What To Do After You've Installed Solar

Learn how to clean and maintain your solar power system to prolong peak performance and energy output throughout the duration of the system’s lifespan.

You’ve installed your system, you’re saving money and your bills are down, but what now? Unfortunately, much like any home modification or piece of equipment, to maintain the productivity and safety of your solar power system you’ll need to clean and inspect the system.

Fortunately, you can get away with doing both of these rarely and with ease!

Neglecting to clean or not booking routine inspections (recommended at least every 5 years) can lead to not only your system being less efficient but can also cause the system to become unsafe and a risk to your home.

Despite having the most qualified installer, install the most reliable brand and quality system, external factors over the lifespan of a solar system can occur making the system unsafe or at risk.




    If you’re not a qualified solar installer, then you shouldn’t try to fix “DIY style” any faults with your solar power system, as it can cause more damage and will be putting yourself at risk…so let’s leave that to the experts!

    What you can do is clean your system’s panels to keep them at optimal efficiency! Depending on how your solar panels are positioned and the climate or area you live in will determine how frequently your panels may need a good clean.

    e.g. For those with tilted solar panels your panels are going to get a good rinse down each time it rains.

    When To Know If It’s Time For A Clean?

    Those with a solar panel monitoring system will be able to track the average energy their system generates and if it starts to decline without any changes in weather, you’ll know your panels may need some attention.

    Without a monitoring system, you can easily keep an eye on your solar panels and determine whether it’s time for a rinse or scrub when dirt, dust and/or leaves start to build up.

    Installers recommend that cleaning a few times a year is more than enough unless you notice your roof receives a substantial amount of buildup throughout certain seasons. Cleaning services are available however a standard garden hose will usually be able to remove the majority of leaves and dirt accumulated. Just avoid cold water on hot panels as this may cause cracking!

    TIP: Clean on an overcast day, early in the morning or in the evening

    For a thorough scrub, you’ll want to invest in a window wiper or squeegee. Just don’t step on the panels themselves because it can lead to micro-cracks on the surface of the panels.

    IMPORTANT: If cleaning your panels from the ground is not possible, do not attempt to access your rooftop unless you have the appropriate safety equipment and training. If you don’t, hire a suitably qualified professional instead.

    Supplies For Cleaning:

    • Bucket of soapy water (standard detergents will work)
    • Hose
    • Window wiper/squeegee
    • Small brush for wiping off loose dirt before scrubbing and rinsing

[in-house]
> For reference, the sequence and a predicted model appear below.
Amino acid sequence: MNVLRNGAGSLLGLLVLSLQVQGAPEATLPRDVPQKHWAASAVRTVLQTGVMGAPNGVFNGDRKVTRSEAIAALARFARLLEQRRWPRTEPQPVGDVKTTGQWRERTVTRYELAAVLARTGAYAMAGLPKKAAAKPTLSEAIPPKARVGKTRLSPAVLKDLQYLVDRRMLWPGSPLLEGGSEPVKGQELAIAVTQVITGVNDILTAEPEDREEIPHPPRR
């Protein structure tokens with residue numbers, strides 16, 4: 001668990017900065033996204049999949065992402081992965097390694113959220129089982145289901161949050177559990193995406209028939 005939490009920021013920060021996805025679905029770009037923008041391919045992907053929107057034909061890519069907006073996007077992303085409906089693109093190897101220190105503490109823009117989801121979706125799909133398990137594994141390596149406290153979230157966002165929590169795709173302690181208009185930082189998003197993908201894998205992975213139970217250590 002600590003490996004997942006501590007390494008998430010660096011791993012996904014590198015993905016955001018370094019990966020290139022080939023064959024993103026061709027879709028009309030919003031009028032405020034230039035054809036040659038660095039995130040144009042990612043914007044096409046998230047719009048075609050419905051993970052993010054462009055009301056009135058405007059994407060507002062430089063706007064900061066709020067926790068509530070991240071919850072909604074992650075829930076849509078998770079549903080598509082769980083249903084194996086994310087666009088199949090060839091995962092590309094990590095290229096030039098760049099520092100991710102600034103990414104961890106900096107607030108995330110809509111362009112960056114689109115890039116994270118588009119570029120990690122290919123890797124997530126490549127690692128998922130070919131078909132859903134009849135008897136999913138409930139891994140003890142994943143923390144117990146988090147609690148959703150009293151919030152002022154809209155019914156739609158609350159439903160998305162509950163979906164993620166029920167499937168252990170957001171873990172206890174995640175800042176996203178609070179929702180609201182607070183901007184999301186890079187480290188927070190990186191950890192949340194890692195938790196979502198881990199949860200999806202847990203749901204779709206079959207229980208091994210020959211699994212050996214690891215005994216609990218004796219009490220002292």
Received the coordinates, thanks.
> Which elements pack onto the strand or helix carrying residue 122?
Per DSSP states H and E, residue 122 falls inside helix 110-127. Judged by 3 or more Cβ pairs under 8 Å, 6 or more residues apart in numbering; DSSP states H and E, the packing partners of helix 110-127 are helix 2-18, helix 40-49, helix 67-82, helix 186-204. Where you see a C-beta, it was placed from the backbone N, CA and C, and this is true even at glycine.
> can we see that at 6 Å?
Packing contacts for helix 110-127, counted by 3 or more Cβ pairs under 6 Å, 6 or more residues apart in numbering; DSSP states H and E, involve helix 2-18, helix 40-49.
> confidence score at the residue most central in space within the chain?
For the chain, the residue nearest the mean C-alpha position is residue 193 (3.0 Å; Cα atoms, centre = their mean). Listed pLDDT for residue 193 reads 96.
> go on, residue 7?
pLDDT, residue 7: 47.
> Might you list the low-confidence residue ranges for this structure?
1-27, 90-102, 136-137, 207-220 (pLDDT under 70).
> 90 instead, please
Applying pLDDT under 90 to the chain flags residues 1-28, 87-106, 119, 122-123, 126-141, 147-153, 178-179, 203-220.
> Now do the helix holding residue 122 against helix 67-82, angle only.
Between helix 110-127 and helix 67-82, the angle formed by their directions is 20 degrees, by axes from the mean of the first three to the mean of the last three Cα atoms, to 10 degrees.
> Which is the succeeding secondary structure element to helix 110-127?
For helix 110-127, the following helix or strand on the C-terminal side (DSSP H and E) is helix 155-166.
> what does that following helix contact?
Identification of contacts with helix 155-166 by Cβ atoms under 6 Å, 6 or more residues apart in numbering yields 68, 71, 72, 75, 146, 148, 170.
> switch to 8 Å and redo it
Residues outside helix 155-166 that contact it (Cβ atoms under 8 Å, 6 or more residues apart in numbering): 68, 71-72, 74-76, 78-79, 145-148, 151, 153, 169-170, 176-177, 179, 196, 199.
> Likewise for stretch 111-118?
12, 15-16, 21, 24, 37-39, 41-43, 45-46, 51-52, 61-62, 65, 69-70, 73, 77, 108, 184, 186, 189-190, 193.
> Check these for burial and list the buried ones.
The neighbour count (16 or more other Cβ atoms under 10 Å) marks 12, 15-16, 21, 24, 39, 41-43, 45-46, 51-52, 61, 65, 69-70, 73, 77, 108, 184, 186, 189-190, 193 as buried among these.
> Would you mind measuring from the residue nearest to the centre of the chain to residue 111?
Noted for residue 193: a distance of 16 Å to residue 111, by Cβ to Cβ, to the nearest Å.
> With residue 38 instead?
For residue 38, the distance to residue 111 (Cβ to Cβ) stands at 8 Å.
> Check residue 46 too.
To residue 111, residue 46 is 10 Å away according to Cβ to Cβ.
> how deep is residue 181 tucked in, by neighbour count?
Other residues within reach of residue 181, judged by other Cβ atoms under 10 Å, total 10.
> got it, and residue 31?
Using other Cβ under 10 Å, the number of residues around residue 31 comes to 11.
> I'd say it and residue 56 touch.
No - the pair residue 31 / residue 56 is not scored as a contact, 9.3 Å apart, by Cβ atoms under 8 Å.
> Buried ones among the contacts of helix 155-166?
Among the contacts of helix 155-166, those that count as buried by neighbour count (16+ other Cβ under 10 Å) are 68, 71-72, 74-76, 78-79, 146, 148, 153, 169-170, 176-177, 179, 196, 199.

• Ladder and safety equipment (If cleaning from the roof)

    Checking your system and panels cleanliness regularly will help you determine whether there is something more serious than a buildup of dirt and leaves affecting the productivity of your system. If this is the case it’d be time to book an inspection for your solar system.


    There are some external factors that may contribute to a system becoming unsafe or at risk.

    These may include but are not limited to;

    • System parts that are exposed filling with rain
    • Animals (birds, rats) chewing or damaging cables
    • Damage from natural disasters, such as earthquakes, bushfires and storms
    • Damage from home renovations
    • Cables deteriorating overtime
    • Components failing

    Whilst you may have had a top-notch installer, you’ll want to consider having your solar system inspected at least every 5 years to ensure nothing has occurred since the installation that may have affected your system’s safety status..


Is it time to replace or upgrade?

If you installed your solar system some time ago you might be wondering if it’s time to upgrade or even replace your system. Whilst solar power system prices have dramatically decreased over the years, you shouldn’t go upgrading or replacing your system without understanding and knowing whether your current system is performing how it should.


How to check if your solar system is performing how it should

A typical solar system will perform at its best on a sunny 25-degree day. Lucky enough in Australia these aren’t too rare! On a day like this check how much power is being generated by your solar system. Don’t expect to see a 6kW system to be generating 6000 watts of power. Through the setup, wear and tear and many other factors, an expected production in good conditions should be around 60%-80% of the systems rated output. It’s also important to note that to keep your solar system functioning to its best abilities the Clean Energy Council recommends a routine inspection from an installer every 5 years.